Osteoarthritis (OA or Degenerative Arthritis)

  • Medical Author:
    William C. Shiel Jr., MD, FACP, FACR

    Dr. Shiel received a Bachelor of Science degree with honors from the University of Notre Dame. There he was involved in research in radiation biology and received the Huisking Scholarship. After graduating from St. Louis University School of Medicine, he completed his Internal Medicine residency and Rheumatology fellowship at the University of California, Irvine. He is board-certified in Internal Medicine and Rheumatology.

  • Medical Editor: Catherine Burt Driver, MD
    Catherine Burt Driver, MD

    Catherine Burt Driver, MD

    Catherine Burt Driver, MD, is board certified in internal medicine and rheumatology by the American Board of Internal Medicine. Dr. Driver is a member of the American College of Rheumatology. She currently is in active practice in the field of rheumatology in Mission Viejo, Calif., where she is a partner in Mission Internal Medical Group.

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Osteoarthritis facts

  • Osteoarthritis is a joint inflammation that results from cartilage degeneration.
  • Osteoarthritis can be caused by aging, heredity, and injury from trauma or disease.
  • The most common symptom of osteoarthritis is pain in the affected joint(s) after repetitive use. Other osteoarthritis symptoms and signs include
  • There is no blood test for the diagnosis of osteoarthritis.
  • The goal of treatment in osteoarthritis is to reduce joint pain and inflammation while improving and maintaining joint function.

What is osteoarthritis?

Osteoarthritis is a form of arthritis that features the breakdown and eventual loss of the cartilage of one or more joints. Cartilage is a protein substance that serves as a "cushion" between the bones of the joints. Among the over 100 different types of arthritis conditions, osteoarthritis is the most common joint disease. Osteoarthritis occurs more frequently as we age. Before age 45, osteoarthritis occurs more frequently in males. After 55 years of age, it occurs more frequently in females. In the United States, all races appear equally affected. A higher incidence of osteoarthritis exists in the Japanese population, while South-African blacks, East Indians, and Southern Chinese have lower rates. Osteoarthritis is abbreviated as OA or referred to as degenerative arthritis or degenerative joint disease (DJD).

Osteoarthritis commonly affects the hands, feet, spine, and large weight-bearing joints, such as the hips and knees. Osteoarthritis usually has no known cause and is referred to as primary osteoarthritis. When the cause of the osteoarthritis is known, the condition is referred to as secondary osteoarthritis.

What is the difference between osteoarthritis and rheumatoid arthritis?

Osteoarthritis is a chronic joint disorder of cartilage. It is not a systemic disease. It is not an autoimmune disease. Rheumatoid arthritis is an autoimmune disease, therefore, it features a misdirected immune system that attacks body tissues (particularly the joint lining tissue called synovium). Rheumatoid arthritis is also a systemic disease. Therefore, rheumatoid arthritis can attack tissues throughout the body beyond affected joints, including the lungs, eyes, and skin.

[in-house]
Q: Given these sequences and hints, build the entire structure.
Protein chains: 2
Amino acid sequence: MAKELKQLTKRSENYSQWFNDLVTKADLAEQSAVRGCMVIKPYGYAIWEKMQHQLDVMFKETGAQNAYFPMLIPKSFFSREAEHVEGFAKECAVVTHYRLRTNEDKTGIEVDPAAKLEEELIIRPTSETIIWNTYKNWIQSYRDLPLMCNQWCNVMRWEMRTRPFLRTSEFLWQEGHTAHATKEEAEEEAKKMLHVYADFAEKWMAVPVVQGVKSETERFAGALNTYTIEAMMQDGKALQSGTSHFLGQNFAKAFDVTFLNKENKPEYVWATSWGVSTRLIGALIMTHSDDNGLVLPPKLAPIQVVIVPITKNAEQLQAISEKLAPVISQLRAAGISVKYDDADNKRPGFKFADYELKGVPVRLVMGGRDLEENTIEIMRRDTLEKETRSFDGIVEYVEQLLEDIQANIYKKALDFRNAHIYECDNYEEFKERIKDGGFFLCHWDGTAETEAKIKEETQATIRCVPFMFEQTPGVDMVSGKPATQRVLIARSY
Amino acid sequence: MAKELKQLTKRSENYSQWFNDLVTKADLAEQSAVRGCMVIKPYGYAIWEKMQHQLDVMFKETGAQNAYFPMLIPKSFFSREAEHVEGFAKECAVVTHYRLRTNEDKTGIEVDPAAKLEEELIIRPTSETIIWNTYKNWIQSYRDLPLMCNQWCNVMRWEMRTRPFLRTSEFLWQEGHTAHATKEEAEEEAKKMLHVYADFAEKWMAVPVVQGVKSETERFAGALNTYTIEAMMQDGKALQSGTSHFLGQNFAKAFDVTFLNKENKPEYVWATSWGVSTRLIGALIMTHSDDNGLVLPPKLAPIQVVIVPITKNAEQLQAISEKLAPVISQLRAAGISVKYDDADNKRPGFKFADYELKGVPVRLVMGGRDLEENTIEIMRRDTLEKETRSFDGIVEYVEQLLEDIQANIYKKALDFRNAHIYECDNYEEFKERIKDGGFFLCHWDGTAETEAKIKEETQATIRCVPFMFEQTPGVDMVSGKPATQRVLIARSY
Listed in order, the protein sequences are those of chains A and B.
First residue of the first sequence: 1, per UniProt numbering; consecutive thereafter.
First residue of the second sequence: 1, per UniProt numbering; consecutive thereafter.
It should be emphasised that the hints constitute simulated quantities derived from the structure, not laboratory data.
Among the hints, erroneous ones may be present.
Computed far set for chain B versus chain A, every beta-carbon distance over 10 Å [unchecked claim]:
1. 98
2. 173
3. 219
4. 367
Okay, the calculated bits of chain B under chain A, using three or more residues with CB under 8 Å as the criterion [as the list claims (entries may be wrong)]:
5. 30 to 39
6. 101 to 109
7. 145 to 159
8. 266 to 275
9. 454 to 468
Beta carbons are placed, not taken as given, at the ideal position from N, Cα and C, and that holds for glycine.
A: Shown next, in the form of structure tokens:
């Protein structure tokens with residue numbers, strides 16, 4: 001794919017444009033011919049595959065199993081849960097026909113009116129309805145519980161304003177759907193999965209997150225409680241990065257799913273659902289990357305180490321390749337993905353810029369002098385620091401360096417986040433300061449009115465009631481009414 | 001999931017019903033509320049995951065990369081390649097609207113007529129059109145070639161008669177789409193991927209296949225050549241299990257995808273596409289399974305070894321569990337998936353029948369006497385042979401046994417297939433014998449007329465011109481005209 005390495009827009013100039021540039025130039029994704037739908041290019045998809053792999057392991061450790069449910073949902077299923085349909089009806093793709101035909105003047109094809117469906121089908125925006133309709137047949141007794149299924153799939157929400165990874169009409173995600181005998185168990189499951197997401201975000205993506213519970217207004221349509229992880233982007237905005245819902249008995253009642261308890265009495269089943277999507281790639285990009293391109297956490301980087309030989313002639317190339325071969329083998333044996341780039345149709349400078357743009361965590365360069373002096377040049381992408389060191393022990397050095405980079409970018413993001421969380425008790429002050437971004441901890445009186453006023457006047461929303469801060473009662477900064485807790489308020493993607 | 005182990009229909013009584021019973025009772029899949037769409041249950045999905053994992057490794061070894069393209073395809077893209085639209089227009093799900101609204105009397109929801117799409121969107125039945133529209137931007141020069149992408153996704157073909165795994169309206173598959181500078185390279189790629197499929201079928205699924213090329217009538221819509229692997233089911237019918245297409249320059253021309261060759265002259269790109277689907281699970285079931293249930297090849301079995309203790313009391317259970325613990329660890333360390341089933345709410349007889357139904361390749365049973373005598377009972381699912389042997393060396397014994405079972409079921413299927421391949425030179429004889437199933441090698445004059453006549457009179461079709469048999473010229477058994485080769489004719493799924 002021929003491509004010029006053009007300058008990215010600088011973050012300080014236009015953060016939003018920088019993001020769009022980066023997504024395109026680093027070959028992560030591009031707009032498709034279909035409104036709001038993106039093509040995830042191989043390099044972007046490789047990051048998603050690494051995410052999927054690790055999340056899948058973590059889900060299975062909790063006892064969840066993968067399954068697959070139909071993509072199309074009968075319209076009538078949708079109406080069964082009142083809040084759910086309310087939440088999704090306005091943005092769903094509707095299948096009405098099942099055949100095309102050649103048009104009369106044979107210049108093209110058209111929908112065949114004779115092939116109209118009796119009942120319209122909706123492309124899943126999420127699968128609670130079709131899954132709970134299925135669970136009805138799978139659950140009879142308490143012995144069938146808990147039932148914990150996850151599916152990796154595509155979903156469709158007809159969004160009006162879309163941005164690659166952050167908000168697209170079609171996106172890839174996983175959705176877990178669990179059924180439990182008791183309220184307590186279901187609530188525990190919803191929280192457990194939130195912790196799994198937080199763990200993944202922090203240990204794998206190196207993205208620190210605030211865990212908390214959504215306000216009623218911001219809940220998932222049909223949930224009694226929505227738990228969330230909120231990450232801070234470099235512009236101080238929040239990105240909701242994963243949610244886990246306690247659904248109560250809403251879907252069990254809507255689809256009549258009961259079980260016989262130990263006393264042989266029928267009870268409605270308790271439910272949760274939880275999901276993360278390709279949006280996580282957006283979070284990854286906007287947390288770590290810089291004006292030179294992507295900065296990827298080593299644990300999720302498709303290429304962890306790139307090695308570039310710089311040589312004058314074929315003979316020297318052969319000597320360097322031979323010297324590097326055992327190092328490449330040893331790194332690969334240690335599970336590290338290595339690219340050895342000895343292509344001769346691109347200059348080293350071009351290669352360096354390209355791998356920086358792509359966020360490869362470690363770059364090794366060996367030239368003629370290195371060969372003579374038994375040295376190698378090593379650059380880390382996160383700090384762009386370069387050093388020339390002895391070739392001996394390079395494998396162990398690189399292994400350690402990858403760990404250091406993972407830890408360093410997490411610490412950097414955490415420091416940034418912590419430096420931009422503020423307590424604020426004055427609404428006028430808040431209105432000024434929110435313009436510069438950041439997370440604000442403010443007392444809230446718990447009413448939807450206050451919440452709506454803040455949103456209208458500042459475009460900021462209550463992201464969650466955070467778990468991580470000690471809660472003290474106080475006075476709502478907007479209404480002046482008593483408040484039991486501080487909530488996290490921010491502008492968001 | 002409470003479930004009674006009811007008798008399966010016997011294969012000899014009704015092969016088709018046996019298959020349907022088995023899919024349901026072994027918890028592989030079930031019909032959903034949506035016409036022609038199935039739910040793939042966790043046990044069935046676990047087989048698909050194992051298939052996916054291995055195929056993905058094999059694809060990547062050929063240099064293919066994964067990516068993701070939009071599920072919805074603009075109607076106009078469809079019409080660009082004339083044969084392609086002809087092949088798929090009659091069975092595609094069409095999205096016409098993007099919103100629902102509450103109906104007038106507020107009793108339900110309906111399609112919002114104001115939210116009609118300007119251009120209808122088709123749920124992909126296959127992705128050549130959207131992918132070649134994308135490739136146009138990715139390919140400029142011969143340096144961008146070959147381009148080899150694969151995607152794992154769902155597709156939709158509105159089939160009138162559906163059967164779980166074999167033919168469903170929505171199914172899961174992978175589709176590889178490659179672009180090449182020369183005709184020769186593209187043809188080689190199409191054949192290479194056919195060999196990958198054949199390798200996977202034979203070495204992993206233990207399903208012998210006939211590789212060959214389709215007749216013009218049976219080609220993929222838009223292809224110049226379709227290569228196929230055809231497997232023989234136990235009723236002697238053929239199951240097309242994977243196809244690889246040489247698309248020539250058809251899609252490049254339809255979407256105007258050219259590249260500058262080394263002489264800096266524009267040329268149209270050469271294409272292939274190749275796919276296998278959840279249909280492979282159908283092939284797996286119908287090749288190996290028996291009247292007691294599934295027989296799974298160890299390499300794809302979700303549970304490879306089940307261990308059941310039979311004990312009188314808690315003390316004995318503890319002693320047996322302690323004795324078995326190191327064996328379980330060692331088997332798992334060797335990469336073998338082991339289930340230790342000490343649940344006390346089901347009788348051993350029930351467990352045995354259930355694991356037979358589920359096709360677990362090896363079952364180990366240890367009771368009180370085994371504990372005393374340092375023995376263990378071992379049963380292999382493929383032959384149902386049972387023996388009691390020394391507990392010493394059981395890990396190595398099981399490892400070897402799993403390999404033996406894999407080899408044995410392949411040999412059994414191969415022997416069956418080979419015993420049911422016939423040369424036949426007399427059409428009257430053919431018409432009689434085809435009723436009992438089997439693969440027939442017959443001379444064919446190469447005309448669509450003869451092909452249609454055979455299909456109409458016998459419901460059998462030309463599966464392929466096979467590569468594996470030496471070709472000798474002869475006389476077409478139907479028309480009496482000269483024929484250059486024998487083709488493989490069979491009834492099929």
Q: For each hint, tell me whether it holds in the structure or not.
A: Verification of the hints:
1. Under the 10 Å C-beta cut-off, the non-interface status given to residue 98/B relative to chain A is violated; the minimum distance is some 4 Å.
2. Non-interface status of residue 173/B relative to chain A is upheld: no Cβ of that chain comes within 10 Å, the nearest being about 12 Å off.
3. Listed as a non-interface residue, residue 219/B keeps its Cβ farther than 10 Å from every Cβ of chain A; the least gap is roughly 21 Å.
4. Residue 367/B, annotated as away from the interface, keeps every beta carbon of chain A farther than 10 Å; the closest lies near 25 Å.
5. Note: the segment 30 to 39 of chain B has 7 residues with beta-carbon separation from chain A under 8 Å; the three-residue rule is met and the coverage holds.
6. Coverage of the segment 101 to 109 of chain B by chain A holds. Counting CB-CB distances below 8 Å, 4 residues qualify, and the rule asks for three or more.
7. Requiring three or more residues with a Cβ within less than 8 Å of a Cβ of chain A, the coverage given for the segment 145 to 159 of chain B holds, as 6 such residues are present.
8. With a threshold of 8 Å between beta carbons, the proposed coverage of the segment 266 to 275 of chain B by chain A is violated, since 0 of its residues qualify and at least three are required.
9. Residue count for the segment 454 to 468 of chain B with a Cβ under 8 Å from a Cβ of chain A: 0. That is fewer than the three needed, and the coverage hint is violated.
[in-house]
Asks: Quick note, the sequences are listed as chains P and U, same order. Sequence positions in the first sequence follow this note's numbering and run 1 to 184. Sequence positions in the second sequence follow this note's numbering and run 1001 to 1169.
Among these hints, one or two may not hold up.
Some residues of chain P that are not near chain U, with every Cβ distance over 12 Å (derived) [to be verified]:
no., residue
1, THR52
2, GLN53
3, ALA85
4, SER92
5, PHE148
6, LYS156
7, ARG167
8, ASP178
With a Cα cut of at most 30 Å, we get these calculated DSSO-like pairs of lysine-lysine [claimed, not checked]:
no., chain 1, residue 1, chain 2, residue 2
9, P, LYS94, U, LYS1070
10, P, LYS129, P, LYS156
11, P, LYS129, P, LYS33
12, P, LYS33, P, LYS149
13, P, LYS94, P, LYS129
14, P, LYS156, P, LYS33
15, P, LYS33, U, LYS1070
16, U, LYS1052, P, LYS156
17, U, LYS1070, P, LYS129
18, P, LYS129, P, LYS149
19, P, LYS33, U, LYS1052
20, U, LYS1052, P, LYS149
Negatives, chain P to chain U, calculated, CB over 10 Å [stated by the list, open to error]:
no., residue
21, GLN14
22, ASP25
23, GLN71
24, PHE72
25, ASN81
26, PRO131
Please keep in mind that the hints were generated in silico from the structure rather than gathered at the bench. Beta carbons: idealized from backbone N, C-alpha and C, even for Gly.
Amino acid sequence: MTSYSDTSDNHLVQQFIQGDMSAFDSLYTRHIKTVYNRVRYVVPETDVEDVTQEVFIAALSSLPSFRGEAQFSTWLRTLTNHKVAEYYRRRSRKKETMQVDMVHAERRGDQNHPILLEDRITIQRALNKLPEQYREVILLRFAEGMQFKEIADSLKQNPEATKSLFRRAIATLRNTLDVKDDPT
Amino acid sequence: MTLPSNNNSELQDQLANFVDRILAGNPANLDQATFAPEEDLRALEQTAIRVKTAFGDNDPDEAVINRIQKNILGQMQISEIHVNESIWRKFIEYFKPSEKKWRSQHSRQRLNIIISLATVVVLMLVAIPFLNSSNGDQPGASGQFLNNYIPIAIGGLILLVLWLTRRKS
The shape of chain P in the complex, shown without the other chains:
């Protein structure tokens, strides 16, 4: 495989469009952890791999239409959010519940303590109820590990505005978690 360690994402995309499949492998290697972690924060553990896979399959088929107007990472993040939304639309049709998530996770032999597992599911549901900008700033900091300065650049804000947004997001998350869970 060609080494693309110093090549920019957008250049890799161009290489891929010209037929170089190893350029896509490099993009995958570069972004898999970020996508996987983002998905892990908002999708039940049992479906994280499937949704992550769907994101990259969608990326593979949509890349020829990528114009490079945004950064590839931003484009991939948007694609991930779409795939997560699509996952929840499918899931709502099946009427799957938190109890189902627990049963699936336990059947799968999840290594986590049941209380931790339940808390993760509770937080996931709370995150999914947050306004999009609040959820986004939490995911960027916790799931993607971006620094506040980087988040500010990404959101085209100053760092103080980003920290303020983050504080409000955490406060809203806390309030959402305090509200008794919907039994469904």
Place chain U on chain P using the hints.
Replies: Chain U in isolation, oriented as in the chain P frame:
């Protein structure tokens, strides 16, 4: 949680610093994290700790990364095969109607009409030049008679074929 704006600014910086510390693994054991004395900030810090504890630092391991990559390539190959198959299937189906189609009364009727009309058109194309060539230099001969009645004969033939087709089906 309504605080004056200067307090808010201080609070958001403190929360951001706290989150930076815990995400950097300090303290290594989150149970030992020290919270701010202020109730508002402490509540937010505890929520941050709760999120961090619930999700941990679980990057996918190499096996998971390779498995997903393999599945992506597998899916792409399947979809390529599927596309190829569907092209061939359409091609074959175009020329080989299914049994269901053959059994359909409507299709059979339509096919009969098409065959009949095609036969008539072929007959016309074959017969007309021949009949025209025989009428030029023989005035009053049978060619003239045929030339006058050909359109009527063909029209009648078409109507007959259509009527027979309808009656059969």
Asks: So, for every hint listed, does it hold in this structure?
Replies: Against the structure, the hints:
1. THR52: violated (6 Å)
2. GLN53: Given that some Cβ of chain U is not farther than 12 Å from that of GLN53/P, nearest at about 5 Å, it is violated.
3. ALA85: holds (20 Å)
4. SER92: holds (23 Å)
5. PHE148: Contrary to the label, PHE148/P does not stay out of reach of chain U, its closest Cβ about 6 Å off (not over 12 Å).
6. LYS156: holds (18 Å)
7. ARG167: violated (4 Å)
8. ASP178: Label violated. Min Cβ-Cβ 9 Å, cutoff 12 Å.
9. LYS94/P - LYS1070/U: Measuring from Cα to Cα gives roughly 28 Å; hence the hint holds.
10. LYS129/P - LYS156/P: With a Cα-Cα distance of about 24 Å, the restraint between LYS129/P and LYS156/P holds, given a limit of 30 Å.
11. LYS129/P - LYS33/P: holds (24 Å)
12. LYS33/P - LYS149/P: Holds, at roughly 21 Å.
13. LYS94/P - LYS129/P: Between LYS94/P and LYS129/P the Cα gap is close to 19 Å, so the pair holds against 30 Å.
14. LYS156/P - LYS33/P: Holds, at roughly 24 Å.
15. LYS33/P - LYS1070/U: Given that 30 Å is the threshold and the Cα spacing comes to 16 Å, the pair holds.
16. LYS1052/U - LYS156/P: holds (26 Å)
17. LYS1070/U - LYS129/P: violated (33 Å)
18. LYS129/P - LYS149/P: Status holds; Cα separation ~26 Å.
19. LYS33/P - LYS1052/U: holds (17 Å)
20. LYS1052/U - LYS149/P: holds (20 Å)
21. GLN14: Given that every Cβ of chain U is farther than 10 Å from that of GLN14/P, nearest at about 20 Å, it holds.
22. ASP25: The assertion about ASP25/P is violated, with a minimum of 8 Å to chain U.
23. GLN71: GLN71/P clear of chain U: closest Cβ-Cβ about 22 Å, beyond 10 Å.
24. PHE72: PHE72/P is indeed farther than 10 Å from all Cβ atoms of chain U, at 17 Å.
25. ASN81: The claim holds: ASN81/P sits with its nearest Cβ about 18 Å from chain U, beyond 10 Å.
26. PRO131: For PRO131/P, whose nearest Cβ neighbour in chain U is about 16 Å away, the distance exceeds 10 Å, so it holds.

Quick GuideOsteoarthritis (OA): Treatment, Symptoms, Diagnosis

Osteoarthritis (OA): Treatment, Symptoms, Diagnosis
Picture of osteoarthritis of the hand

Rheumatoid Arthritis vs. Osteoarthritis

While both rheumatoid arthritis and osteoarthritis can lead to significant joint destruction and functional disability, there are many basic differences between these two forms of arthritis.

Rheumatoid arthritis

Rheumatoid arthritis is a destructive autoimmune joint disease that features inflammation in the joint lining tissue (synovium) that normally produces lubrication and nutrient fluid for joints.

Osteoarthritis

Osteoarthritis is a disease of the cartilage of joints. Osteoarthritis is not a systemic disease and not an autoimmune disease. Osteoarthritis is partly a result of natural aging of the joint.

What causes osteoarthritis?

Primary (idiopathic) osteoarthritis, osteoarthritis not resulting from injury or disease, is partly a result of natural aging of the joint. With aging, the water content of the cartilage increases, and the protein makeup of cartilage degenerates as a function of biologic processes. Eventually, cartilage begins to degenerate by flaking or forming tiny crevasses. In advanced osteoarthritis, there is a total loss of the cartilage cushion between the bones of the joints. Repetitive use of the worn joints over the years can mechanically irritate and inflame the cartilage, causing joint pain and swelling. Loss of the cartilage cushion causes friction between the bones, leading to pain and limitation of joint mobility. Inflammation of the cartilage can also stimulate new bone outgrowths (spurs, also referred to as osteophytes) to form around the joints. Osteoarthritis occasionally can develop in multiple members of the same family, implying a hereditary (genetic) basis for this condition. Osteoarthritis is therefore felt to be a result of a combination of each of the above factors that ultimately lead to a narrowing of the cartilage in the affected joint.

Picture of normal and arthritic joints - osteoarthritis
Picture of normal and arthritic joints - osteoarthritis

Secondary osteoarthritis is a form of osteoarthritis that is caused by another disease or condition. Conditions that can lead to secondary osteoarthritis include obesity, repeated trauma or surgery to the joint structures, abnormal joints at birth (congenital abnormalities), gout, diabetes, and other hormone disorders.